Saturday, November 6, 2010

Working 1.2 Story, Characters, and Thumbnails

This is probably the hardest step in making a One-Shot. Actually coming up with something. Since my last post I spent 2 days thinking about what I wanted to do. I had no idea at the time what that might be. I was leaning towards a modern setting, but decided to bite the bullet and do my fantasy idea I've had sitting for well over a year. Coincidently this was the same idea I failed on last year, but instead of rehashing old story ideas I decided to start from scratch and just use the characters I had on hand.

Although coming up with a plot wasn't easy. Since I wanted this to be an action orientated One-Shot I needed some concepts that went beyond Good vs Bad. Using this website, Chaotic Shiney, I saw an idea I haven't thought of and used it. The generator their provided this, " A Geomancer uses a Golem to ravish a town."

From that simple plot idea, I was able to use my characters and make a short story out of it. How did I know this plot would be good? It wasn't the first one that popped up, but it was the first one that sparked something inside of me where I was able to see a whole story evolve from it. Before I even wrote anything down I already had an idea of how many characters I needed, where it will take place, and how it will Climax and End. The Climax and End were important because if I couldn't visualize those two things quickly, then my story would have been doomed from the very start.

Once I was confident this will work for me. I began to write it out in my notebook.

When I said notebook I wasn't kidding. I meant the good old fashion spiral variety. With my simple plot selected I fleshed it out here. I also gave my characters names, listing the ones I'd use, as well as giving myself a schedule on how long I had to get everything done. Once I felt this was good enough for my One-Shot I proceeded to make my character sketches.

To make these I used a home-made stencil I crafted from a blank stencil you can purchase at any craft store. The stencil was built off an ordinary pose that I drew, then cut out in certain sections so I could quickly put a body on the paper and add in the face and costumes on top of it. I highly recommend blank stencils to any artist out there who knows they are going to use a repeated process over and over again. These can be used for any type of project you can think of. Word Balloons, Page Templates, and even your own handwriting.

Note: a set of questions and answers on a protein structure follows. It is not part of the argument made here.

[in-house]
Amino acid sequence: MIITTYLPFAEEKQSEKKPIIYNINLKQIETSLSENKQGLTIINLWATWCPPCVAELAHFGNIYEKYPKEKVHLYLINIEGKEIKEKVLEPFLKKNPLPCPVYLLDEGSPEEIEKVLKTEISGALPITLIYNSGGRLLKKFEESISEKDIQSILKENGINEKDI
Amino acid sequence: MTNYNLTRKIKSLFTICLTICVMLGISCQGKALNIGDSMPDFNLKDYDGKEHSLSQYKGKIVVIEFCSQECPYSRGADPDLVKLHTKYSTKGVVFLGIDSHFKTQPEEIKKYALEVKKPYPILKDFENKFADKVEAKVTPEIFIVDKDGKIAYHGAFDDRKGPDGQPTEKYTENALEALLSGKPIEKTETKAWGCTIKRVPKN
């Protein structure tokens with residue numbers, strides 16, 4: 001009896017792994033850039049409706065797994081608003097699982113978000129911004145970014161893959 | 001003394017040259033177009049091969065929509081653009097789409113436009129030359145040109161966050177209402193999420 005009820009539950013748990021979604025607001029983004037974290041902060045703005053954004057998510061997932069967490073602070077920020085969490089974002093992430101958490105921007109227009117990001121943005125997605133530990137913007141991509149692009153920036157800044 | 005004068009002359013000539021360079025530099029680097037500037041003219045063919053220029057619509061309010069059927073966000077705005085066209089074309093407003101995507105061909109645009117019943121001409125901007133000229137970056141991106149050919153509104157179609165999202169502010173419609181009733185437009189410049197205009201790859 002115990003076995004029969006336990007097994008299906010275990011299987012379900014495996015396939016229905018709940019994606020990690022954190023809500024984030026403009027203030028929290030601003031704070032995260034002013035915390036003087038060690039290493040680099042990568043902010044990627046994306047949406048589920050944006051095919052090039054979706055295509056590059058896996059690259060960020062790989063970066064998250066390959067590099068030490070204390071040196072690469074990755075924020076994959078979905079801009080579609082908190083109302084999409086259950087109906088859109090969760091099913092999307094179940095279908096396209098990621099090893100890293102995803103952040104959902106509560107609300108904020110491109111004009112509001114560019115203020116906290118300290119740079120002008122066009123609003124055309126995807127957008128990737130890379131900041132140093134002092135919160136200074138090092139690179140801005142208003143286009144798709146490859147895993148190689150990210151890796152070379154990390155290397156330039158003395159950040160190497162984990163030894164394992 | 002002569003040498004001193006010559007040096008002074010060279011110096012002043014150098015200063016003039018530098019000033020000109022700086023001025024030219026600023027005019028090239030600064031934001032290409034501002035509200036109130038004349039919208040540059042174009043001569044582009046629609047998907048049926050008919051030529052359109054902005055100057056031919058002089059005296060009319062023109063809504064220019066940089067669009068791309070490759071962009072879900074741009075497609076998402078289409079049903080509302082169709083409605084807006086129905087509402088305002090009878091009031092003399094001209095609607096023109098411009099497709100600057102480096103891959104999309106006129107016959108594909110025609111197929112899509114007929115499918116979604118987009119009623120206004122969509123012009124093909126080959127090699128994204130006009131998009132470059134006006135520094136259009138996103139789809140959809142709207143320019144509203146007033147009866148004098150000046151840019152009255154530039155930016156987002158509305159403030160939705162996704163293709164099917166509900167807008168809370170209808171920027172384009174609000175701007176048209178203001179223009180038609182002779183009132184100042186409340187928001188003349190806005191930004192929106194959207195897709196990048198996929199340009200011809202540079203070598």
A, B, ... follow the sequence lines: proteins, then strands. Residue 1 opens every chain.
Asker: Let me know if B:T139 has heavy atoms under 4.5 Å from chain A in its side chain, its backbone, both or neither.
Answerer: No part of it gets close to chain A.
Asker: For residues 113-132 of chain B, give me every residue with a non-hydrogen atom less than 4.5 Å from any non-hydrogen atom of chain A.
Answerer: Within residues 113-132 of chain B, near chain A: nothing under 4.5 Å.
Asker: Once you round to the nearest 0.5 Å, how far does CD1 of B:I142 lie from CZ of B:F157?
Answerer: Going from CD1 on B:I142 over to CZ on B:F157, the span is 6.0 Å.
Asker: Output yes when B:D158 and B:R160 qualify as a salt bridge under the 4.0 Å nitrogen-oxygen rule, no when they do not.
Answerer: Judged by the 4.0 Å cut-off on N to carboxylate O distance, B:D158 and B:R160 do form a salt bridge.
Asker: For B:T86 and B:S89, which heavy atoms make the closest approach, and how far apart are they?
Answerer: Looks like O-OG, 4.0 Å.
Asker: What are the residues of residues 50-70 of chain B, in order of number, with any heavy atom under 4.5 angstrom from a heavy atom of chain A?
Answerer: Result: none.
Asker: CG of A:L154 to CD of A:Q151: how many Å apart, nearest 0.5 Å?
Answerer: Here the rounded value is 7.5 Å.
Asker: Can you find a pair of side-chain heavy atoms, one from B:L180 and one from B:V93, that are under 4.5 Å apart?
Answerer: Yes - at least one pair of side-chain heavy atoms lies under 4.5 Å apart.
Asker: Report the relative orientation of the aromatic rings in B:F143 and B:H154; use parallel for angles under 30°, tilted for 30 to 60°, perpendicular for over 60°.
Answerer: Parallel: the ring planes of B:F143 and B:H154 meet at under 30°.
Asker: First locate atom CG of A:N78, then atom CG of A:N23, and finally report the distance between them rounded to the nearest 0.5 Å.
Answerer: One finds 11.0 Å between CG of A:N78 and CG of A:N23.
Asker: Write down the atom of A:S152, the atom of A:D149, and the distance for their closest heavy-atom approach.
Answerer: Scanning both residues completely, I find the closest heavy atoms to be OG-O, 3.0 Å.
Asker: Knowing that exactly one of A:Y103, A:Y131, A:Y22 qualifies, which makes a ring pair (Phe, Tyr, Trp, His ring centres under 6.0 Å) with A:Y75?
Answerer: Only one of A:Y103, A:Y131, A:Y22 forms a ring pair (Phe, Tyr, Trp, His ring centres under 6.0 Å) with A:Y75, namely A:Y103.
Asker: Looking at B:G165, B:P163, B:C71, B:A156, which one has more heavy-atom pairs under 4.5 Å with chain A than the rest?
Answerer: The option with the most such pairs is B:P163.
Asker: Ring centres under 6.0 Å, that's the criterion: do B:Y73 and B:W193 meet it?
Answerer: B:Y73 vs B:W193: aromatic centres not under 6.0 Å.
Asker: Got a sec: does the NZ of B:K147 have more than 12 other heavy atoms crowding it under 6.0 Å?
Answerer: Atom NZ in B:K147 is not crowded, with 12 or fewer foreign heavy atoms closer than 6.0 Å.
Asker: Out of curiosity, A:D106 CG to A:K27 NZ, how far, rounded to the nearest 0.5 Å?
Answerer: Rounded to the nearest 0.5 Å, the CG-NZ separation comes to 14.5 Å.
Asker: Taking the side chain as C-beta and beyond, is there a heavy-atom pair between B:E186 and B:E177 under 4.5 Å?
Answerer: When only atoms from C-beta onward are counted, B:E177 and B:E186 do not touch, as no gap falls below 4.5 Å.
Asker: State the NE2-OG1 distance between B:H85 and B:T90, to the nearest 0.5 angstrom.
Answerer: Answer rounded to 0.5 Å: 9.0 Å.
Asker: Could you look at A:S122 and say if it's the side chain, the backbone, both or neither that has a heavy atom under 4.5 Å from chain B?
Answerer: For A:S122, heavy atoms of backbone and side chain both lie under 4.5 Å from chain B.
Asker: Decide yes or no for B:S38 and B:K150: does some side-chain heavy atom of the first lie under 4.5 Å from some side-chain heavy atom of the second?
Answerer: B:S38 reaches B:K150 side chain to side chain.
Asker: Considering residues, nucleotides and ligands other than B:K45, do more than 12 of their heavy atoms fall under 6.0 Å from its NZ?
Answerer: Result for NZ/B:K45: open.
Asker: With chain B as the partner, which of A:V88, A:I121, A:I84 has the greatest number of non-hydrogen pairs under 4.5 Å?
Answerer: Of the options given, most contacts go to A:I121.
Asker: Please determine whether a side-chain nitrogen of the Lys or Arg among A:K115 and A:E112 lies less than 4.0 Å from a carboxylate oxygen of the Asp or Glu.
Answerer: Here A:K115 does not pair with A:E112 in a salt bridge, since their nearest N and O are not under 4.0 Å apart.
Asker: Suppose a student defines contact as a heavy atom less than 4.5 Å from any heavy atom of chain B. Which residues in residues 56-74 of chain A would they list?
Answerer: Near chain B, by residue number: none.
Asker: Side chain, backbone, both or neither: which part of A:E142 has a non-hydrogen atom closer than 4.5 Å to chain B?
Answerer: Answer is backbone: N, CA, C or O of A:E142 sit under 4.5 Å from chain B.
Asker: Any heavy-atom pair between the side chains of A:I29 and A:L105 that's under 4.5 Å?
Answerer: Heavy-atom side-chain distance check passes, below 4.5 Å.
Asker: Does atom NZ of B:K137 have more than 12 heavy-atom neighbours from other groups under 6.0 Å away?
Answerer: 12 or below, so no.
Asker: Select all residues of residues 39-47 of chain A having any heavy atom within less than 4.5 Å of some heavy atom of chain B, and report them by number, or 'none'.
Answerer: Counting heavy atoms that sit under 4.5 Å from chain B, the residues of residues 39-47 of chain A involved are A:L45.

The character designs I decided to go with were my 3rd designs. Even though this is a fantasy with guns, I wanted it to seem somewhat more fantasy like and went with a tunic/cape design on my heroes as opposed to a full body suit/pants design I came up with first. I didn't want it to seem too fantasy like, hence the guns, but I didn't want to give the impression this was too modern. I had to balance it out.

With my characters in place I began to do the thumbnail using the Thumbnail Worksheet I made in my previous entry.

My thumbnails might be crude, but as long as I know what's happening in each panel I'm okay. If I was making this story for another artist, I would go back on these to flesh them out more. I tried to keep the figures simple, in some cases just an outline of them with an indication of how their head is orientated by adding circles for eyes or ears.

Another thing to note is before I began. I laid out my Story Structure on Page 1. That was my guide to how the story would play out. Also each page represents each section of the Story Structure. By keeping it separated like that I was able to concentrate on one scene at a time.

Also I was able to work backwards. After I finished my Introduction, I immediately did my Ending. Since the  Antagonist's are only on those sections of my One-Shot, when I draw this out I can do my Introduction and Ending first to stay consistent in my artwork when doing the Antagonists. If I went in order, I'd have 12 pages of doing the Protagonists and the Golem, then have to go and draw the Antagonists from the beginning for just one page. The idea here is to be consistent. If I did a comic book that went back in forth between two groups, I'd work on one group first, then the other to stay consistent, even if it's done out of order.

Another thing I did is when it came down to The Problem, Dealing With Problem, and The Climax I worked backwards again ( as mentioned in my tutorial ). Because I know how the scenes began and ended I worked around the whole Pagination Areas so I properly paneled my scenes.